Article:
Intro to Photoshop: Faded B & W Photo Problems
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Prized Old Photos Get New Life
Have you ever wanted to know how to make your old photographs better? How many times have you opened an old honored album only to find prized photos fading and damaged, seemingly beyond repair? Did you think for one moment that you could save them yourself with your Photoshop program? If you are like me, new technology is intimidating. But there are some things that are well worth the effort. Adobe Photoshop is one of those. The learning curve is not as impossible as you would think. Like many things (music, art, dance), the more you practice, the better you get at it.
One of the things that I did to practice was to assign myself weekly tasks, mostly with text effects, but also with photographs and photo-manipulation. Years ago people like you and I were stuck with a textbook and hours of head-scratching. Today there are thousands of YouTube Photoshop video tutorials by lots of pioneers who have already done the head-scratching for you.
I have Photoshop CC (Creative Cloud), which charges a monthly or yearly fee, as well as Adobe Photoshop CS5, the program on the disc. There have been a few new advancements between the CS5 and the CS6 and the CC. Most of the tools are the same however and are used basically the same way with the same shortcuts. There are a few differences that I will share along the way.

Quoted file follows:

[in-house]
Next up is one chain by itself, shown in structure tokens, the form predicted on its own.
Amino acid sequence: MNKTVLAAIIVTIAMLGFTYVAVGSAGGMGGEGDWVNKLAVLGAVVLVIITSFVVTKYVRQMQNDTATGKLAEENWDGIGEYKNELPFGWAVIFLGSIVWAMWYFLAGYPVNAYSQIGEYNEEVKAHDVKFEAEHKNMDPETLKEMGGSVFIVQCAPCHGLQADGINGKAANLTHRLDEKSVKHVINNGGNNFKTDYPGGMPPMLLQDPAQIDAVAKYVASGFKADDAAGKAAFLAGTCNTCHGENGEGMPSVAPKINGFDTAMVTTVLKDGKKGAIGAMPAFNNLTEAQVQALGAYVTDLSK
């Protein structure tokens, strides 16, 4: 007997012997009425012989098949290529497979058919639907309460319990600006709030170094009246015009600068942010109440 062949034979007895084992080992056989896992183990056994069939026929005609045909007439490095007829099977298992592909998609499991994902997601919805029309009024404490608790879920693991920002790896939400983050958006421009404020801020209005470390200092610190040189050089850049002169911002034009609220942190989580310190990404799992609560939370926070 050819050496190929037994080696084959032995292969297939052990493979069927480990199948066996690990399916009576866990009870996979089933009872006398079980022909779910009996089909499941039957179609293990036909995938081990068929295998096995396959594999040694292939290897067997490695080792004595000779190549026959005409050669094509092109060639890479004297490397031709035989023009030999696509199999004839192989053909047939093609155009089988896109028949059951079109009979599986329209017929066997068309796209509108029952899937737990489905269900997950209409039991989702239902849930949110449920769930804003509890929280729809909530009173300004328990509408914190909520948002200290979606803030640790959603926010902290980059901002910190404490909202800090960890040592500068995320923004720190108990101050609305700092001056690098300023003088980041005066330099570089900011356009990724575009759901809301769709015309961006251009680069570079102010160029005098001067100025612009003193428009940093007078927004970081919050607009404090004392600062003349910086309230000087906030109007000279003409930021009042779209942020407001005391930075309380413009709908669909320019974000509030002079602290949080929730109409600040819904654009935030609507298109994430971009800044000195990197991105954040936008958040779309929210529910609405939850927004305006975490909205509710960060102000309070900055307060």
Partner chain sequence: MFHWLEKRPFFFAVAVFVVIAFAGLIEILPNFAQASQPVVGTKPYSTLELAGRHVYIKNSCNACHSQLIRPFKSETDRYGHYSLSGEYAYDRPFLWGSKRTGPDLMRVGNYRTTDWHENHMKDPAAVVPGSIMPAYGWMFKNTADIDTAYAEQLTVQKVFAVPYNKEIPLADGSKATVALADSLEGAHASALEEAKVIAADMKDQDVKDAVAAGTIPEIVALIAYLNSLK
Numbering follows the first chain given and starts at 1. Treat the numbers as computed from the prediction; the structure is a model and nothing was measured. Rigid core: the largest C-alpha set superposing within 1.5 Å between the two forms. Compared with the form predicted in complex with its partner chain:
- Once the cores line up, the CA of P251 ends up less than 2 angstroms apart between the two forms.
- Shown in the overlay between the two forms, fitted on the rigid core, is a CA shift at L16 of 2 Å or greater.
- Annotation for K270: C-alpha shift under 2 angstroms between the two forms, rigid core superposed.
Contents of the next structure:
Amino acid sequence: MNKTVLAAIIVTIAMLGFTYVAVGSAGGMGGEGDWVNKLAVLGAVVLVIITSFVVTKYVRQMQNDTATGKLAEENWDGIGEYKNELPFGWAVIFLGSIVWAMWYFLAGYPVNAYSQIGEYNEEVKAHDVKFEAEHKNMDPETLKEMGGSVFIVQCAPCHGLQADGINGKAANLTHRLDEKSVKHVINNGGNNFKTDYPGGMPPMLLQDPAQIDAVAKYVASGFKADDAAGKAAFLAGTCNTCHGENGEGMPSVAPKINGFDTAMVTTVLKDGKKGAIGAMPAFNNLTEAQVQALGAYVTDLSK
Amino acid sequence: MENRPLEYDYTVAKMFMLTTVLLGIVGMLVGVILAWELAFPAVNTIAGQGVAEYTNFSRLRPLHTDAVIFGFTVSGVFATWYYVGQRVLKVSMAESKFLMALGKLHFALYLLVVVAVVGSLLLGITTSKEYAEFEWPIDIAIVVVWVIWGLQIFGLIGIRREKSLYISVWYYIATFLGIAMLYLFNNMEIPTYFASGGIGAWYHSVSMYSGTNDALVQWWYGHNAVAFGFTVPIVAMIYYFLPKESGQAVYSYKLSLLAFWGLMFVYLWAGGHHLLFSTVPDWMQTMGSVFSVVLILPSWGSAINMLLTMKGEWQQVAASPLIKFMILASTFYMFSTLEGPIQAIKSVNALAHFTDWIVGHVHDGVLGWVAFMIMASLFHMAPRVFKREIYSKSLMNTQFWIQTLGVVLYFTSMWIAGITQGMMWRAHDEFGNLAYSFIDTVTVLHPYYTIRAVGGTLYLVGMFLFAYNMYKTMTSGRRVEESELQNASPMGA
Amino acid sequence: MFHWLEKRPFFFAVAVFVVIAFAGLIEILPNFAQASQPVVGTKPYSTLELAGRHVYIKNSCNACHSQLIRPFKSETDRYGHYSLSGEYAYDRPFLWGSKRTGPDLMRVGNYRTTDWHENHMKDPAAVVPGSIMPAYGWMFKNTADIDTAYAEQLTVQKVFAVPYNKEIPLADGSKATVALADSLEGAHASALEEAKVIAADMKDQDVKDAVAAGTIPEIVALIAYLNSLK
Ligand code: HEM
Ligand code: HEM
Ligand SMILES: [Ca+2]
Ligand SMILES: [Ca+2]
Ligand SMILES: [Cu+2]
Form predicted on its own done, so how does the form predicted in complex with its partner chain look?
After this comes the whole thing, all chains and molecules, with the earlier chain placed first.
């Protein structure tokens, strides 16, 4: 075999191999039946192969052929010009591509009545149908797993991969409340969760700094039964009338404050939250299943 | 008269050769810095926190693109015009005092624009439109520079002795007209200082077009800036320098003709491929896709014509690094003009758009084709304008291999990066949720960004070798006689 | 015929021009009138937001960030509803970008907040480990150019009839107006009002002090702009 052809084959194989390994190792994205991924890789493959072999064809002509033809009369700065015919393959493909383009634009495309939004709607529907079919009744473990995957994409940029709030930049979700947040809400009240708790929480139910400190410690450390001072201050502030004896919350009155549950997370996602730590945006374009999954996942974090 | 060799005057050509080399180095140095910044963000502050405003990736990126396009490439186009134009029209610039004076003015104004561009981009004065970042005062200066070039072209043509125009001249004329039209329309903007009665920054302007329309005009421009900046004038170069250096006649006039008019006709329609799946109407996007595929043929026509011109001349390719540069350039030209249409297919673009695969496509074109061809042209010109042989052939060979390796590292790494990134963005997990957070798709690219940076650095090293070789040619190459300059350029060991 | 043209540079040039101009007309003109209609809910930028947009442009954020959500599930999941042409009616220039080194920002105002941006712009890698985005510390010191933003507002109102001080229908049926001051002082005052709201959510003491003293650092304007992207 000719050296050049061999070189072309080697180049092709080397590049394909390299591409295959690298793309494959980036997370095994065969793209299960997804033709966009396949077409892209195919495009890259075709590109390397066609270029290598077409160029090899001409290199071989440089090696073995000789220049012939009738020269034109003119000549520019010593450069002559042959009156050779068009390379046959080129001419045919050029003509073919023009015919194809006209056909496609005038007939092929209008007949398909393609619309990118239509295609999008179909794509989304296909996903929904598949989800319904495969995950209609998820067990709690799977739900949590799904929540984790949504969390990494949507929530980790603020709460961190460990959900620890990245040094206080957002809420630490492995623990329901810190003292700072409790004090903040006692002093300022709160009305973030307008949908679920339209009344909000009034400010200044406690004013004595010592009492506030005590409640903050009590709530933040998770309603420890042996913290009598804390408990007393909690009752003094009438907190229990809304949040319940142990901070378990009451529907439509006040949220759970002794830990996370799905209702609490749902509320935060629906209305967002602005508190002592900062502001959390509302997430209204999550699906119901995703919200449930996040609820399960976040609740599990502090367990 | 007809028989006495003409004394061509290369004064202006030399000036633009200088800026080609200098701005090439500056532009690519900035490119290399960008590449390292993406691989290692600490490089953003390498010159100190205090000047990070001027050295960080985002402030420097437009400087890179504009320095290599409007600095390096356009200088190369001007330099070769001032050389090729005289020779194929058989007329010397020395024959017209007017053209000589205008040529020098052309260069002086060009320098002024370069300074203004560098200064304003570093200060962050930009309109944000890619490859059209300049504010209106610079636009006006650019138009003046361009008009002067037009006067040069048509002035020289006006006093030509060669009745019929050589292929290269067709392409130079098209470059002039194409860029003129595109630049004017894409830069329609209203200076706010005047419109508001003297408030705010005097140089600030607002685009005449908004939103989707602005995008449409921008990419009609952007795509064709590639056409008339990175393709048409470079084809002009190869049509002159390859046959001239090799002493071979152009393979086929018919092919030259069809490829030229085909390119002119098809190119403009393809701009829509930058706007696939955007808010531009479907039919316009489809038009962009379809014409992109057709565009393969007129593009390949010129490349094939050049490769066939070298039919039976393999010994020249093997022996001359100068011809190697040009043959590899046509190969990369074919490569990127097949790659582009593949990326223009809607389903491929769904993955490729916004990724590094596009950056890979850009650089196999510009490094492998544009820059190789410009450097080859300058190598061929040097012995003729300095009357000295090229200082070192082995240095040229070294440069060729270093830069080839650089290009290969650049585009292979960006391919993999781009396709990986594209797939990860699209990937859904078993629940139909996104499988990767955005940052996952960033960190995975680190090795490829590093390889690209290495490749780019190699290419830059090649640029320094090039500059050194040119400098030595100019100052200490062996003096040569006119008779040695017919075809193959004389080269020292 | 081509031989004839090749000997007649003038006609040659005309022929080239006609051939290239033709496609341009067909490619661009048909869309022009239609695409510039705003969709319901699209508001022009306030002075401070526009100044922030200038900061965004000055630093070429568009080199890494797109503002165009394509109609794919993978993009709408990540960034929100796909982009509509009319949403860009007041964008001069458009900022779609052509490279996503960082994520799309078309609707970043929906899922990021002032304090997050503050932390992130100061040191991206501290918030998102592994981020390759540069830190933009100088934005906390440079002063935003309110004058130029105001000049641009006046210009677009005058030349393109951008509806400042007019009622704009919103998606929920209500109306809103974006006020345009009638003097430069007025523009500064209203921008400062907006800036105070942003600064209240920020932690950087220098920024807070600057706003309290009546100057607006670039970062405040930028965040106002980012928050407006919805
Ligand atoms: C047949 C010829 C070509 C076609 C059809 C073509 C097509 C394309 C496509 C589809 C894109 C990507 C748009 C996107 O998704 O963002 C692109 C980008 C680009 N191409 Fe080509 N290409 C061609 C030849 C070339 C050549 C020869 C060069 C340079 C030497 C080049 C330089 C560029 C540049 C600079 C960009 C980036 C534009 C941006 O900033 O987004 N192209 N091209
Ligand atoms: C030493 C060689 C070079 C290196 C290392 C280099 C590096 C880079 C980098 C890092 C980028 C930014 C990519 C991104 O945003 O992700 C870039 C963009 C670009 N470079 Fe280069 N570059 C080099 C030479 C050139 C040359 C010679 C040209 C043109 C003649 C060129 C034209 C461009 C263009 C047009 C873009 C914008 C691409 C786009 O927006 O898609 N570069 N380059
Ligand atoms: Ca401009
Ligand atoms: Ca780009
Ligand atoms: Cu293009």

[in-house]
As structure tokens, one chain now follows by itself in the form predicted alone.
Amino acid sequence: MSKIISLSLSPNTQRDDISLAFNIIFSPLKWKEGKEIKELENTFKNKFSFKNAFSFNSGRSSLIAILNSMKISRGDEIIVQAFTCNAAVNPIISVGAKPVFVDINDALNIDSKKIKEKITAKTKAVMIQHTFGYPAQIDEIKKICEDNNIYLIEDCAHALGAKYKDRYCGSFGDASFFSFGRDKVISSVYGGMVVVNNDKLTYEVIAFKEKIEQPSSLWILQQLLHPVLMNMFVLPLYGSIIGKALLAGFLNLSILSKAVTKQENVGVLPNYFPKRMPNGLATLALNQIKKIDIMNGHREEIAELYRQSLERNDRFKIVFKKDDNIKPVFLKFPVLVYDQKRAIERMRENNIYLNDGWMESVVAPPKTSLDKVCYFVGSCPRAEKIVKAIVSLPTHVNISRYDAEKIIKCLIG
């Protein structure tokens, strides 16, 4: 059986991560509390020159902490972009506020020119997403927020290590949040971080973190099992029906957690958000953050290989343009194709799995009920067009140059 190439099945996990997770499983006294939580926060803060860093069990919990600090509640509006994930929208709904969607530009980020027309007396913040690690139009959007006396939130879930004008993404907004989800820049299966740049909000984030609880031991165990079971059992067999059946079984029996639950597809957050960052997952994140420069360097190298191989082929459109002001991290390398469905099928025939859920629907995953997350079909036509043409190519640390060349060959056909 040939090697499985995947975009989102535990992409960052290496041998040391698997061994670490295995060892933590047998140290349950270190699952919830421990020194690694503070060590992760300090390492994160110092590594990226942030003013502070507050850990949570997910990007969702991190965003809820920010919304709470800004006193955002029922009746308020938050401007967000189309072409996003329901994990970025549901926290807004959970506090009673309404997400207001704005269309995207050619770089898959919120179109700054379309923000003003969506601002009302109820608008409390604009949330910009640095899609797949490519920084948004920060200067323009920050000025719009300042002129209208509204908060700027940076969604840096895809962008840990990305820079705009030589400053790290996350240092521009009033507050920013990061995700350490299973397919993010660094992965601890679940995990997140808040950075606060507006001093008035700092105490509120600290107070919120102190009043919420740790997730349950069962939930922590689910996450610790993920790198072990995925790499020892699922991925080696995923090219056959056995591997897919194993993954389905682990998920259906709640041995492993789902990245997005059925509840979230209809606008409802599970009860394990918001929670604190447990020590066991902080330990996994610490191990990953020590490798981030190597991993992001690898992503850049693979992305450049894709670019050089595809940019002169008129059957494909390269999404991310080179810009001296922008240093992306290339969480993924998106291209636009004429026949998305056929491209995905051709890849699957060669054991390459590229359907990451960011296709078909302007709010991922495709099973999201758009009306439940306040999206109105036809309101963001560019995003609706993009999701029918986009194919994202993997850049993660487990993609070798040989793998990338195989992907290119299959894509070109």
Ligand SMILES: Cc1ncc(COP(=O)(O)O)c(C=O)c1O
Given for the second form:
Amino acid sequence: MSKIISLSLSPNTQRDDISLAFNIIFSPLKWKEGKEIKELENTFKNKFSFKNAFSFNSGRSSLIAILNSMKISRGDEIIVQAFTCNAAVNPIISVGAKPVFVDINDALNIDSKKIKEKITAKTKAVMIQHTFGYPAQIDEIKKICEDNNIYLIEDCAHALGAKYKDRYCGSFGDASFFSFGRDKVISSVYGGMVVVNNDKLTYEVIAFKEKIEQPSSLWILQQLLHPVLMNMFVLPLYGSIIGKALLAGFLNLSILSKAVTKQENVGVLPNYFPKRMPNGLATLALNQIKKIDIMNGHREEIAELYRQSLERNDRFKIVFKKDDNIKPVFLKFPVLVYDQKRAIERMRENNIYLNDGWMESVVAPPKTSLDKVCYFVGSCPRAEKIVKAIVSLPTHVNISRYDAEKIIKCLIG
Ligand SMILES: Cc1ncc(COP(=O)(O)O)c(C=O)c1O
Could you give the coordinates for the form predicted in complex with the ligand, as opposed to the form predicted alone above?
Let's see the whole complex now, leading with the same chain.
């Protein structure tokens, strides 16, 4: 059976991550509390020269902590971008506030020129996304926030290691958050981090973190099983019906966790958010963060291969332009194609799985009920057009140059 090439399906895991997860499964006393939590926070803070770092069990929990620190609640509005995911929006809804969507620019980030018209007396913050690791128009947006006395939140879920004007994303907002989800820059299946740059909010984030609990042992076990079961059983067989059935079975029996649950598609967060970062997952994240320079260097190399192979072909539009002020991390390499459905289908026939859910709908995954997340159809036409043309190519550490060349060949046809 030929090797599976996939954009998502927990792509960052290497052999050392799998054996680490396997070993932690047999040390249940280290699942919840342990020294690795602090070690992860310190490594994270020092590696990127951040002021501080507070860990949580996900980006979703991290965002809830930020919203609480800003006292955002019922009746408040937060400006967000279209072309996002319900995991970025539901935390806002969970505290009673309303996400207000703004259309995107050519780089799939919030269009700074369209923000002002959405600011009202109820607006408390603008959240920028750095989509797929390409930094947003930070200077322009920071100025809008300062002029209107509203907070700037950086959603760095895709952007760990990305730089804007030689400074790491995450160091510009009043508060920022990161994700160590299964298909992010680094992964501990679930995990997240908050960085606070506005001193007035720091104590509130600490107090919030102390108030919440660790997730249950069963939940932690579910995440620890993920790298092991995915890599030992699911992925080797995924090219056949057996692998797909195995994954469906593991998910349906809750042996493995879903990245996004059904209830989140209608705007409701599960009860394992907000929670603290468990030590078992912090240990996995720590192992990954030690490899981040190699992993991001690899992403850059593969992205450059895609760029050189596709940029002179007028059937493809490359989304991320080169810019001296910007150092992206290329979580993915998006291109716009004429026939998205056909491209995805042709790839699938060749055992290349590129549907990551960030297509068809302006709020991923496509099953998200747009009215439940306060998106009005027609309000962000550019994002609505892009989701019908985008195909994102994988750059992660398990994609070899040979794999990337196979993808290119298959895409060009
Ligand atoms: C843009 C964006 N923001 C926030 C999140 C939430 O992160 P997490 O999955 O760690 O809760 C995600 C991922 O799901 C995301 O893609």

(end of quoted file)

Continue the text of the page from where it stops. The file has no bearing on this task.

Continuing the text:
To begin, you have to learn about some of the basics, such as where to find certain tools and how to work them. For instance, the first time I opened Photoshop, I saw there was a Paint Brush tool. As an artist, I figured that I didn’t need any help working a paintbrush so I clicked onto it and nothing happened. Very disappointing. In this introduction, I will try to cover the many tools and filters used for photography and how each one can apply to your older photographs.
To start I opened a couple of old photos both from the 1920s. One is a photo of my grandfather’s sisters picking apricots on their farm. You may not be able to see it, (I didn’t notice it until I cleaned up the photo) but there is a small boy photo-bombing the girls to the middle right in the shadows. I think it may be my grandfather in that he was the youngest in the family.
Healing Brush Tool
What To Do First?
I have found there are no hard and fast rules on which you should do first, heal the dots, scratches, and artifacts or adjust the levels. It doesn't seem to matter.
Healing Brush Tool
The Healing Brush is in the left-hand Toolbar signified by an icon of a Band-Aid. I like to do this healing on its own layer rather than over your original photo. Make sure the side this brush to fit the scratches and artifacts. You don’t want a huge brush to cover a little black dot on someone’s face. The healing will smudge or soften whatever it touches. You can drag the brush but it will leave often leave a soft noticeable worm-like smudge. It works much better to make small clicks with the brush, move and click again. I have made red circles around the dots and artifacts so you can see what I am healing and how it looks afterward.
Repair Old Photos
Do you think you would like to fix your precious old memories now?